(Editor’s note: no federal party in 37 years has won an absolute majority of the popular vote. Pollster Angus Reid in a 1996 book Shakedown predicted an “age of discontinuity” in Canadian politics. “Today’s electorate is polygamous and volatile,” wrote Reid: “A country full of independent-minded voters not only makes it more difficult to project the outcome of an election; it also makes elections much harder to choreograph.” In a September 7, 2011 interview with Blacklock’s publisher Holly Doan, Mr. Reid expanded on his views. Following is a transcription of his remarks)
The world today has a more fractured electorate. We have a media system that reinforces that level of fracture. It is now hard to see, barring some major crisis, a situation that would lead to fifty percent of Canadians supporting one leader.
There has frankly not been a leader in Canada in recent memory, with perhaps the exception of the late Jack Layton, who really so fired up Canadian emotions that he’d lead people who were normally sitting on the sidelines, somewhat confused and complacent about politics, to go out and vote. How many people really believe the difference between Party A and Party B is going to be that big anyhow?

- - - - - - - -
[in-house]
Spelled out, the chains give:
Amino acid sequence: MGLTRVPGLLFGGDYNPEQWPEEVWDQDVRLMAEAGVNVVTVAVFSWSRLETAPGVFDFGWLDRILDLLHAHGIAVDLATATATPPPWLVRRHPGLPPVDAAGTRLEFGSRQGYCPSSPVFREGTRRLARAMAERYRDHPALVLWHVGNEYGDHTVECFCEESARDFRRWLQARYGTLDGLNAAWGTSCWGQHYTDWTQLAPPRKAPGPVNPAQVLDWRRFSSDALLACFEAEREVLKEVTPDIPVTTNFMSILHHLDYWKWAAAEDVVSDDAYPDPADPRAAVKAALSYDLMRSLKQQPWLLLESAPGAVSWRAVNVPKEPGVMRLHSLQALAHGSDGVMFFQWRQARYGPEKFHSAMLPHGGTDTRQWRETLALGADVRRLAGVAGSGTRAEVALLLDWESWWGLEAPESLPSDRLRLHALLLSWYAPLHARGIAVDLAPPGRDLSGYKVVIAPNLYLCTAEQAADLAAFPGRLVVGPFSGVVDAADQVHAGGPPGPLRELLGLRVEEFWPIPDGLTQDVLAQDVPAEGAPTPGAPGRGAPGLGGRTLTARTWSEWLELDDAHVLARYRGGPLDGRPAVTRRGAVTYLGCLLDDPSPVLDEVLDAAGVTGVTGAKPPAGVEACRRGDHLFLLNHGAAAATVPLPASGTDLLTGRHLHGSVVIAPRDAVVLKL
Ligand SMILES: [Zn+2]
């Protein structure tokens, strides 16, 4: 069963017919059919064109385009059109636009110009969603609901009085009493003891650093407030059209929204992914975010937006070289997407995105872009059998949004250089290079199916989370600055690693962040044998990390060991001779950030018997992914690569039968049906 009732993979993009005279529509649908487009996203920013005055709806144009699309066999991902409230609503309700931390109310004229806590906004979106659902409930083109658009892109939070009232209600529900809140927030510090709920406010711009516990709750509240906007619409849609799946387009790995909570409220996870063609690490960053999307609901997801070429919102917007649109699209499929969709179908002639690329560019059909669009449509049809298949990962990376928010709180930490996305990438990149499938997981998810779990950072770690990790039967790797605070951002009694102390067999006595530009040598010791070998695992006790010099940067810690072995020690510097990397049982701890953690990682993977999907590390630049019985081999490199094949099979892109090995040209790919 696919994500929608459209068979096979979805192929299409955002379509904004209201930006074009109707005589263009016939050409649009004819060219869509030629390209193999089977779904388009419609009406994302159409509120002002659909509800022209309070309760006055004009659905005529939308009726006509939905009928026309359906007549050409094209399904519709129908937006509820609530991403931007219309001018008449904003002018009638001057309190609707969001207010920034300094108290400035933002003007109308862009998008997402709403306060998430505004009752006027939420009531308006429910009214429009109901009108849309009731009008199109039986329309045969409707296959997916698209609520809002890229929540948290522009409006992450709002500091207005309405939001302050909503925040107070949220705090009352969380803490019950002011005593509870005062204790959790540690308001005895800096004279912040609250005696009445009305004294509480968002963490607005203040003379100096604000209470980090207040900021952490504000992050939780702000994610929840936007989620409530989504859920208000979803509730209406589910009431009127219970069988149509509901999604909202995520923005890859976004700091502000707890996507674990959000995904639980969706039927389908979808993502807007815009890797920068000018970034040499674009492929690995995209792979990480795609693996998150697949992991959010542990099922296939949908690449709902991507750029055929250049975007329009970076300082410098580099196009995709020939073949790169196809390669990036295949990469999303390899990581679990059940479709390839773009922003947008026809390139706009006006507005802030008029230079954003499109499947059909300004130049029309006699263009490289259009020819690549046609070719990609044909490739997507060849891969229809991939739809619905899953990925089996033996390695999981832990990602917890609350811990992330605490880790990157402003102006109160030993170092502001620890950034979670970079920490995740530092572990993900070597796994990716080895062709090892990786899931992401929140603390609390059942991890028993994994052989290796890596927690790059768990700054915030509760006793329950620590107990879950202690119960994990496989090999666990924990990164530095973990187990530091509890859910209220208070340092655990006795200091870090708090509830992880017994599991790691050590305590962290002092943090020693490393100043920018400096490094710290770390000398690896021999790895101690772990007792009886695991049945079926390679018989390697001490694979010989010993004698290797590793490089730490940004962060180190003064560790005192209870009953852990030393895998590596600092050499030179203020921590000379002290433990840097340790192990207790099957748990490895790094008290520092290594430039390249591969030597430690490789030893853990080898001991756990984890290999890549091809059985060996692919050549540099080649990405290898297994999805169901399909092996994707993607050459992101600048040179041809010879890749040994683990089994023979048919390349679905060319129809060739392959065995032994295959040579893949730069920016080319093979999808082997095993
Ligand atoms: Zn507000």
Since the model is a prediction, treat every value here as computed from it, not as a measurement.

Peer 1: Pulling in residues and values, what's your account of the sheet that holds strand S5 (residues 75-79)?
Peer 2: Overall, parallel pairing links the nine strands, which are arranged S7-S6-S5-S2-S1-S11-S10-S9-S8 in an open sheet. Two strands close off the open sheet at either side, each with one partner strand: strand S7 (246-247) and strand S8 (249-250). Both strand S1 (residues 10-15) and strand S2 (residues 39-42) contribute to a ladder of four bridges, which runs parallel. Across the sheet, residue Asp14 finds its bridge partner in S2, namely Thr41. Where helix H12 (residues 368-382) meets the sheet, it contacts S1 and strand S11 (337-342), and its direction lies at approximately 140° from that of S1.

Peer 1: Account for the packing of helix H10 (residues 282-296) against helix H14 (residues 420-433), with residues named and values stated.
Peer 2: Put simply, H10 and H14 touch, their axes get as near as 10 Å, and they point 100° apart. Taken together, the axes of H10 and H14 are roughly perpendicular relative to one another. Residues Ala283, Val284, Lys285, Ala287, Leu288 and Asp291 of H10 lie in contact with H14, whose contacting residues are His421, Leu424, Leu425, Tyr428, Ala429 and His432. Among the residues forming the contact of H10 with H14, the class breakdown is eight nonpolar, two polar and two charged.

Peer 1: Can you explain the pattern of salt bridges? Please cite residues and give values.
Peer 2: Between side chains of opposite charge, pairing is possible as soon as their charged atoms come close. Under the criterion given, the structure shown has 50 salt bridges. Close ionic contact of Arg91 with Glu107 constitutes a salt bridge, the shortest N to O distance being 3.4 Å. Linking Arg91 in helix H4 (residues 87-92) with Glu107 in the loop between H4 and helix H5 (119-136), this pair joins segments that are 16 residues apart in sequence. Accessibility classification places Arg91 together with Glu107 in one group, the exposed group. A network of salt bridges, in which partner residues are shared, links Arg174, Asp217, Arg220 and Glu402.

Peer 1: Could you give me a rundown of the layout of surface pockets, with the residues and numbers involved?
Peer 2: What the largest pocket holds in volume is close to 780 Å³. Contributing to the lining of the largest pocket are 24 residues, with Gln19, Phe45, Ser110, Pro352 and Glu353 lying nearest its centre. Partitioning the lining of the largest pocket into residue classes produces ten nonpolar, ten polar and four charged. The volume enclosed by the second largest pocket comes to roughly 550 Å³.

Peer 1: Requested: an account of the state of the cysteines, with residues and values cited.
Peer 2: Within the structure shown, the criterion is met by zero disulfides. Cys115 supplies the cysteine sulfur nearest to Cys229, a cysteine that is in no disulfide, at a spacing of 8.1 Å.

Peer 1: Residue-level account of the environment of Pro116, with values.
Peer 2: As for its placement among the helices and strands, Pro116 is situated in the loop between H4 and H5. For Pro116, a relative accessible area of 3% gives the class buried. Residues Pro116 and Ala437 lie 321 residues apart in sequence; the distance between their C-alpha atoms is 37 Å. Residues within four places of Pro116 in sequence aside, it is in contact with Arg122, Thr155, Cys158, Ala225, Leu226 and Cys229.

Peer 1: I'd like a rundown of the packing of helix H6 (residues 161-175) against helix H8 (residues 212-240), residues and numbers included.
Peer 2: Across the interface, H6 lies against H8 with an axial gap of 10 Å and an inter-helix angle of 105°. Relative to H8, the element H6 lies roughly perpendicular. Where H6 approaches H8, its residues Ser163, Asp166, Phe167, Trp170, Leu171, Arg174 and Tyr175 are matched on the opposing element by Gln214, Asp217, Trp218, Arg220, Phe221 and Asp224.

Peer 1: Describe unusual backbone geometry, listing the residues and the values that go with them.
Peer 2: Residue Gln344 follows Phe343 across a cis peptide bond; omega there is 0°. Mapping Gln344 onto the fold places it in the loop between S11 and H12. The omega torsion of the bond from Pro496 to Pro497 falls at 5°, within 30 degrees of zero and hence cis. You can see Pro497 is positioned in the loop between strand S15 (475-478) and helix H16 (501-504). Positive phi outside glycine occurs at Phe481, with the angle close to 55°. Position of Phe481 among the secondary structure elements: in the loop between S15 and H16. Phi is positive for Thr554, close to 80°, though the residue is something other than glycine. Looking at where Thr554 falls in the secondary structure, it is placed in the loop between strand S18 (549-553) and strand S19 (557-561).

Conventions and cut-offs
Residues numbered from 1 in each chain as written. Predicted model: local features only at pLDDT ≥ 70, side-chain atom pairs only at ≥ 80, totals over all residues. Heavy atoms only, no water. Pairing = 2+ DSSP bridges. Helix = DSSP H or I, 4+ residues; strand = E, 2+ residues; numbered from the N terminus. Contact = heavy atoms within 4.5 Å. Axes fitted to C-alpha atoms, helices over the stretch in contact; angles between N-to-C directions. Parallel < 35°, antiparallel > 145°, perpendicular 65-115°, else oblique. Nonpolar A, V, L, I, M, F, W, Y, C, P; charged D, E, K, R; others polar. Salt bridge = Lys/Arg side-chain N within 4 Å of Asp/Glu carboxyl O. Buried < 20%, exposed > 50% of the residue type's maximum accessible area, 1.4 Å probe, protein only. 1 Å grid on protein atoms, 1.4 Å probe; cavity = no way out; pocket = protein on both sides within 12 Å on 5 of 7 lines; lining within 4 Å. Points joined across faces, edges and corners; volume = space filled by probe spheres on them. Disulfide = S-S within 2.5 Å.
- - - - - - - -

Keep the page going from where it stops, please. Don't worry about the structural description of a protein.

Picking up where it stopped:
There is a lot of cynicism, that ‘my vote is not going to count because no one out there is actually speaking to my issue.’ We’ve gone through many periods where people have governed this country with less than forty percent of the popular vote, and I suspect that’s going to continue.
The smart money I think suggests that in a more fractured world, we will see more fractured parties, and with more fractured parties we’ll see more coalitions. The level of political identification has really dropped. People will say, “Well, I’m not sure what I am. I’m an independent! It depends.” The level of long-term political loyalty really declined in the 1990s and I think it has stayed low since then.
In those years we had this electorate on the edge. People were in a bitchy mood, if I can use that term, and really prepared to quickly grab onto things, but also drop them. I think that was expressed in the politics of that entire era.
I remember graduating as a young sociologist in the 1970s. Everyone wanted to go off and work for the government, because you were doing God’s work there and would make the world a better place. Government was going to be the answer to everything. I think those dreams began to evaporate in the 1990s.